It is almost spring, which means the end of the school year is just around the corner. This means it is time to think about living arrangements outside the dorm or, in my case, my parents’ house.
Living at home, for FREE, while I finish my master’s degree has been extremely helpful for managing my student loans payments and the cost of grad school. However, unsurprisingly, I’m counting down the days until I can move out.
As I do, I see more and more dollar signs pop up spurred by my decision to move.
What many of us underestimate when looking to move is the actual cost of finding and securing our first apartments. It might seem fair to require us to pay the first month’s rent in order to secure the lease, but of course, not everything can be fair in real estate.
In addition to the first month’s rent, many leases also require that you pay last month’s rent, a broker’s fee, or even a security deposit. All of a sudden, that seemingly affordable first month’s rent becomes an overwhelming 3 months or more of rent!
Before you start to panic, consider trying a few things that I’m doing to prepare financially for this responsibility.
It Is Never Too Early To Start Saving
Budgeting is a huge factor in all of this. You must know what you can and cannot afford given your job and other living expenses at the time of your move. Once you forecast how much you will need to move, you can begin saving toward that number.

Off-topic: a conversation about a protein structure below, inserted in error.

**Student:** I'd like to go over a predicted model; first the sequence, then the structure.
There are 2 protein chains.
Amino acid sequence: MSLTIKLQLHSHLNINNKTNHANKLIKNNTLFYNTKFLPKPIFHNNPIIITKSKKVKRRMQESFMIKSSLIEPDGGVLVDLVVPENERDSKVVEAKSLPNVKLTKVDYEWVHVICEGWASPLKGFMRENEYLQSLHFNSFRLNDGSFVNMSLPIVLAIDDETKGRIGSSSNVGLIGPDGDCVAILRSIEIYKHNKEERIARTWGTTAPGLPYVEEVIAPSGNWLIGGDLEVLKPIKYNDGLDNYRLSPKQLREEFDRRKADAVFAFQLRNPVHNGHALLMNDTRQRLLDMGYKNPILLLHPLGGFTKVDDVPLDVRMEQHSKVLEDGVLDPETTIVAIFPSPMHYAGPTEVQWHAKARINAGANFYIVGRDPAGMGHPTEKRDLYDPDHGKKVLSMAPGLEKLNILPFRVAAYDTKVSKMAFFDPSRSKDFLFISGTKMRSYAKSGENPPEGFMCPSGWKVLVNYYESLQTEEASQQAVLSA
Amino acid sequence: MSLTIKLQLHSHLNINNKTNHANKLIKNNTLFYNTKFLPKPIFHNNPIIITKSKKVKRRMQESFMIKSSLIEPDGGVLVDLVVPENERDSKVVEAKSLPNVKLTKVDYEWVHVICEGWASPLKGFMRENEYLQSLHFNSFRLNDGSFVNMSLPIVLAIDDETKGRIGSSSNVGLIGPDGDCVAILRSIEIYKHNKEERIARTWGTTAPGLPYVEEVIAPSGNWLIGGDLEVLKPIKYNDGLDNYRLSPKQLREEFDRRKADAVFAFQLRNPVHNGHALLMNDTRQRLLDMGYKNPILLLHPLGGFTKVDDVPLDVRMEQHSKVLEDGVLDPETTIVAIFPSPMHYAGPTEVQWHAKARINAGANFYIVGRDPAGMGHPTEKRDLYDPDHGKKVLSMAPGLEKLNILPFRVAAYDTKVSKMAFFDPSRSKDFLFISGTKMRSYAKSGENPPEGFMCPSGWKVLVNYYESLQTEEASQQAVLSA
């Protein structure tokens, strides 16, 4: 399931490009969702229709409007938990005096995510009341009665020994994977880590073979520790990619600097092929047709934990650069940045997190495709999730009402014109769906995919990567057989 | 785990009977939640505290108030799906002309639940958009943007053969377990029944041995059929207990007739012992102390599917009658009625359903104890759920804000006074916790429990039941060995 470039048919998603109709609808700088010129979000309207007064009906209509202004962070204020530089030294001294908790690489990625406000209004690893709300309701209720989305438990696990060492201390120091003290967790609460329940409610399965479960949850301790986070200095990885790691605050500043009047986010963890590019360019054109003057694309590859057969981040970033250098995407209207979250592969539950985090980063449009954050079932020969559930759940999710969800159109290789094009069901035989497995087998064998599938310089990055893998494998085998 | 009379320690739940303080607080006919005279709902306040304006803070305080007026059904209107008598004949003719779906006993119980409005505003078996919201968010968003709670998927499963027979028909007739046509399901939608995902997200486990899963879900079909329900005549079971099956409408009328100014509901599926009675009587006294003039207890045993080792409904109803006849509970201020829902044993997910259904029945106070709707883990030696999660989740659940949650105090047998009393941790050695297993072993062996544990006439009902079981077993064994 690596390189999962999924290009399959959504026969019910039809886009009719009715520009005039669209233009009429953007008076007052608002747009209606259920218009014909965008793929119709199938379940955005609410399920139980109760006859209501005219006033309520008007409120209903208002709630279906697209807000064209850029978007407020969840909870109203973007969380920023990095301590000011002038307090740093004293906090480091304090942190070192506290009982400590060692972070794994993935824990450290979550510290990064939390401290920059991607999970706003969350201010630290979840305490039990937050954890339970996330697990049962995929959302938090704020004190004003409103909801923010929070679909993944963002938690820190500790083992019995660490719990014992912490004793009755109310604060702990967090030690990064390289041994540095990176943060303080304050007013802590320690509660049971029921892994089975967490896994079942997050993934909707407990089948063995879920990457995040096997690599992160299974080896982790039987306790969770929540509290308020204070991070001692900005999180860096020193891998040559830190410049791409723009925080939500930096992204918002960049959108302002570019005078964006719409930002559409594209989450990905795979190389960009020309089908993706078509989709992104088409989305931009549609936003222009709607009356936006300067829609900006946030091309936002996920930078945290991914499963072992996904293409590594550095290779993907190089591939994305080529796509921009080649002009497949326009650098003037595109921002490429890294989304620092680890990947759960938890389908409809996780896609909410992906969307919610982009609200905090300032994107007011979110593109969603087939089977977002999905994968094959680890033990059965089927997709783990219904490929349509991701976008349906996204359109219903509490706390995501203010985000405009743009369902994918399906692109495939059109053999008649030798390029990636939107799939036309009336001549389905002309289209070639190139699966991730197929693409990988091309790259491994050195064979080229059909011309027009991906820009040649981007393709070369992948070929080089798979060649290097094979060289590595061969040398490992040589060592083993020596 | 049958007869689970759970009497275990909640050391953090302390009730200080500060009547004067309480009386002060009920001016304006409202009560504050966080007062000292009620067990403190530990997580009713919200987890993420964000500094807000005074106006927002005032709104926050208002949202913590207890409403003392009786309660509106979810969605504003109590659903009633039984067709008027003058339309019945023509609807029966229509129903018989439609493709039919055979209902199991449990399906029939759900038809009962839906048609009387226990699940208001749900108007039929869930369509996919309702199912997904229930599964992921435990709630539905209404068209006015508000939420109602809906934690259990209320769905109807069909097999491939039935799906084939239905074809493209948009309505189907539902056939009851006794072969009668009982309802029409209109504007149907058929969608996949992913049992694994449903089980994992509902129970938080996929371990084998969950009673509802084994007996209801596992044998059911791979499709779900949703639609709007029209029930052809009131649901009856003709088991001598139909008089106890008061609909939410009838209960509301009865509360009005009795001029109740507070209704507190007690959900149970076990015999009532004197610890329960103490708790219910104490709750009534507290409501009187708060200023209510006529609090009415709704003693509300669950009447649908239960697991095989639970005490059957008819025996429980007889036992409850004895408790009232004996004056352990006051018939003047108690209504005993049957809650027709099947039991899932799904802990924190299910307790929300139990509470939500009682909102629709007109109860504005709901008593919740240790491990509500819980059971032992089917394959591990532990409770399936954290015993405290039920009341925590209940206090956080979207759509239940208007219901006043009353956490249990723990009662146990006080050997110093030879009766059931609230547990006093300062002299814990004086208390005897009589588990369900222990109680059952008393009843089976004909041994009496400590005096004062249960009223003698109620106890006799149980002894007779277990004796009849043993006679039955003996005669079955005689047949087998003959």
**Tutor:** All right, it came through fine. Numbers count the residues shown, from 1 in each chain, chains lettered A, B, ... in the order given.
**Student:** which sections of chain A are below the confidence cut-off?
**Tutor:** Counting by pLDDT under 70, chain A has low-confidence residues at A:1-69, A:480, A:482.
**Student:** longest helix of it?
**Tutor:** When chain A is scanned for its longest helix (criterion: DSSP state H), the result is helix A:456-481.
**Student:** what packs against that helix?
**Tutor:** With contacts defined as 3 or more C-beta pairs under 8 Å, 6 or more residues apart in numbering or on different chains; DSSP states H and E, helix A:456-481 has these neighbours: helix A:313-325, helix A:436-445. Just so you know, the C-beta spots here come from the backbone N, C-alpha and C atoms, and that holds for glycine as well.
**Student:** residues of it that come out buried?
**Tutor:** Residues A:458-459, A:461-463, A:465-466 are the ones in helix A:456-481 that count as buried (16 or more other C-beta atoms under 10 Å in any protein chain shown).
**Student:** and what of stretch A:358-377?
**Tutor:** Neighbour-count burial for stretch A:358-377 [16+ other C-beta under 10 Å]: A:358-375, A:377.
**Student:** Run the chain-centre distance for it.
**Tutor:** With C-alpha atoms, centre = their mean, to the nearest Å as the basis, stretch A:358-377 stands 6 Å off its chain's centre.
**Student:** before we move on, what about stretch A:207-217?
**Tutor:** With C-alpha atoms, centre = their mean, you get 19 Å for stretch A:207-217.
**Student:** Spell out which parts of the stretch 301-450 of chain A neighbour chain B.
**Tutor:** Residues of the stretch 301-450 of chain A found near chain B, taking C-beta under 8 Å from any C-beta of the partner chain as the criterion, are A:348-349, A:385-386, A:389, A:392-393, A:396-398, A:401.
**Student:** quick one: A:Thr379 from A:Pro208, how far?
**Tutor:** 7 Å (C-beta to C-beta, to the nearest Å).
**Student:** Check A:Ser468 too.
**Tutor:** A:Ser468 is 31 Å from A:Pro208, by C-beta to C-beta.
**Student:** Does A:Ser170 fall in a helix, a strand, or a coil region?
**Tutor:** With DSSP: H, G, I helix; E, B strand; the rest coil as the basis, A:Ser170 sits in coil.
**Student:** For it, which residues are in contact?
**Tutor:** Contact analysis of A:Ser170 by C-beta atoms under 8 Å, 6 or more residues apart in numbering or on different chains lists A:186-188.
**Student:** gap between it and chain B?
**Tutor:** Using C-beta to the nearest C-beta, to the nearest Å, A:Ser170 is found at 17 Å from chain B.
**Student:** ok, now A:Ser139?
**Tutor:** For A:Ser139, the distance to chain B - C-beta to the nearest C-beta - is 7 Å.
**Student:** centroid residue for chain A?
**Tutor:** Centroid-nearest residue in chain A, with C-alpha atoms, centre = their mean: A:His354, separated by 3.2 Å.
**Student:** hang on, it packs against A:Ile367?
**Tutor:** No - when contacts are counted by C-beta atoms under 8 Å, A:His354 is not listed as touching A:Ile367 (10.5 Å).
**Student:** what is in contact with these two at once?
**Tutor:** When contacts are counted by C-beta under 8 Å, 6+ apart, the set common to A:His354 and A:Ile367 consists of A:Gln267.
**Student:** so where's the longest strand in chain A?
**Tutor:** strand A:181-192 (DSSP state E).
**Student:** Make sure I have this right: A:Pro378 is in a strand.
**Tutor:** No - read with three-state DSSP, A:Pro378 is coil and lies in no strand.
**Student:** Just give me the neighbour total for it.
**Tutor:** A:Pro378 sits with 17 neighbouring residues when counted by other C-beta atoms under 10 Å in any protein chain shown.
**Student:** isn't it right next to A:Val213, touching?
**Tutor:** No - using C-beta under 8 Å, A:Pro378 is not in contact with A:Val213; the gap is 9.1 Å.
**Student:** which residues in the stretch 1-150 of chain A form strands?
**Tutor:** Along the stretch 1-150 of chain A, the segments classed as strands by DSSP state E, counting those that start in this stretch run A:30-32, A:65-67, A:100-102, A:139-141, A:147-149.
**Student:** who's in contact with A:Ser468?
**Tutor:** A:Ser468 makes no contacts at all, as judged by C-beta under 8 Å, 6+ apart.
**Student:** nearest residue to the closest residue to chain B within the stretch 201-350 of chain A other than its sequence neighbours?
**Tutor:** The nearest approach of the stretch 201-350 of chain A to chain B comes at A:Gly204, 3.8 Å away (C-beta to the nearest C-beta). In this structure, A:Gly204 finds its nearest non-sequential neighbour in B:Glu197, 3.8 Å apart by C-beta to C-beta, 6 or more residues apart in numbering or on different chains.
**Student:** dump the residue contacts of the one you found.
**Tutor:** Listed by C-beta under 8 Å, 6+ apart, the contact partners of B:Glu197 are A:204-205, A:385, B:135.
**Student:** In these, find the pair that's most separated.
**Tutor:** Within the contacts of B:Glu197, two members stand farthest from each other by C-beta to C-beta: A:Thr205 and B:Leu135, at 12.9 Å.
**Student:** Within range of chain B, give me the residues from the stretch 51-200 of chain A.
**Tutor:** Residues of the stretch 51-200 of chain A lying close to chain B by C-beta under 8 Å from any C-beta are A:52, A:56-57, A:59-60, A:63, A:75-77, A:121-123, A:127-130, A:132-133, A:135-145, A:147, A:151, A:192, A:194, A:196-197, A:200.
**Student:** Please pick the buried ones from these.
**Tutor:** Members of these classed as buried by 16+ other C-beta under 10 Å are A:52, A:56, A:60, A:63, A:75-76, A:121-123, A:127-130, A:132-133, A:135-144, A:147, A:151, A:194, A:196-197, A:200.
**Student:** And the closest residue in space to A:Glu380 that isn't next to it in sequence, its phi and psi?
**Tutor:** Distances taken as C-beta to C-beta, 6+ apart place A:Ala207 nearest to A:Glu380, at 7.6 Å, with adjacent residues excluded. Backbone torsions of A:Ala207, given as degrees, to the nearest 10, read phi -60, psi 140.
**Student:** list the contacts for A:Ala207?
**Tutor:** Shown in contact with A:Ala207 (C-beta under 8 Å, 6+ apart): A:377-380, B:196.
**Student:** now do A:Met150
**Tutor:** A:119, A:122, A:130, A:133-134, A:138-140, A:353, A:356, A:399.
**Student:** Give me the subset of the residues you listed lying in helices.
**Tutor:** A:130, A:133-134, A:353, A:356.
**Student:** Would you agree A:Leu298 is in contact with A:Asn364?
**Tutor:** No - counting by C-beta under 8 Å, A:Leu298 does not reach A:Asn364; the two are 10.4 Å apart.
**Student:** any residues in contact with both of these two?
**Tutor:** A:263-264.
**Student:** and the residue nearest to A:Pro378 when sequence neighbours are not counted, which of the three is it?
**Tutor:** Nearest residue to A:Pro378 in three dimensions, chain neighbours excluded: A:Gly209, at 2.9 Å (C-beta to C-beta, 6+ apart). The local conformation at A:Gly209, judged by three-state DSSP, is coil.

Since I have a full 6 months before I plan to move out, I have plenty of time to save. I am also happy to wait to find the perfect apartment and save as much as I can to afford it. If you don’t have that luxury, remember that the more you save, the faster you will meet the demand of your budget—and the higher the likelihood that you can afford your ideal apartment.
Separate The Fun From The Funds
Well, separate the “fun” money and the apartment funds. A way that I manage to do this is by having multiple bank accounts. One account I use solely for my “Treat Yo Self” funds, and the other is for all of my serious expenditures.
I think we can agree that moving out definitely falls under “serious expenditures,” so we want to build this account up. A way to do this is by adding to it more frequently. We can simply add every other paycheck to our apartment fund. This will help the account build at a reasonable rate and still allow us to have funds for our current living expenses.
The Plus Side Of Taxes
No, you did not read that wrong. There is a plus side to taxes: a sudden influx of money refunded to you in April (like Bridget mentioned before me).
OK, I know that not everyone gets a huge influx, or even anything, but if you are lucky enough to get this money, look at is as a bonus check. While it might be tempting to spend that “bonus” on yourself, I promise you will not be sorry if you put it toward something practical (for Bridget, her student loans; for us, an apartment).
Any additions to your apartment fund will help you achieve your goal faster, so try to put any “bonus money” (tax refunds, birthday money, etc.) right into your apartment account. That way, you can avoid being overwhelmed and enjoy the apartment-hunting process!
How did you save up for your first apartment? Let us know in the comments.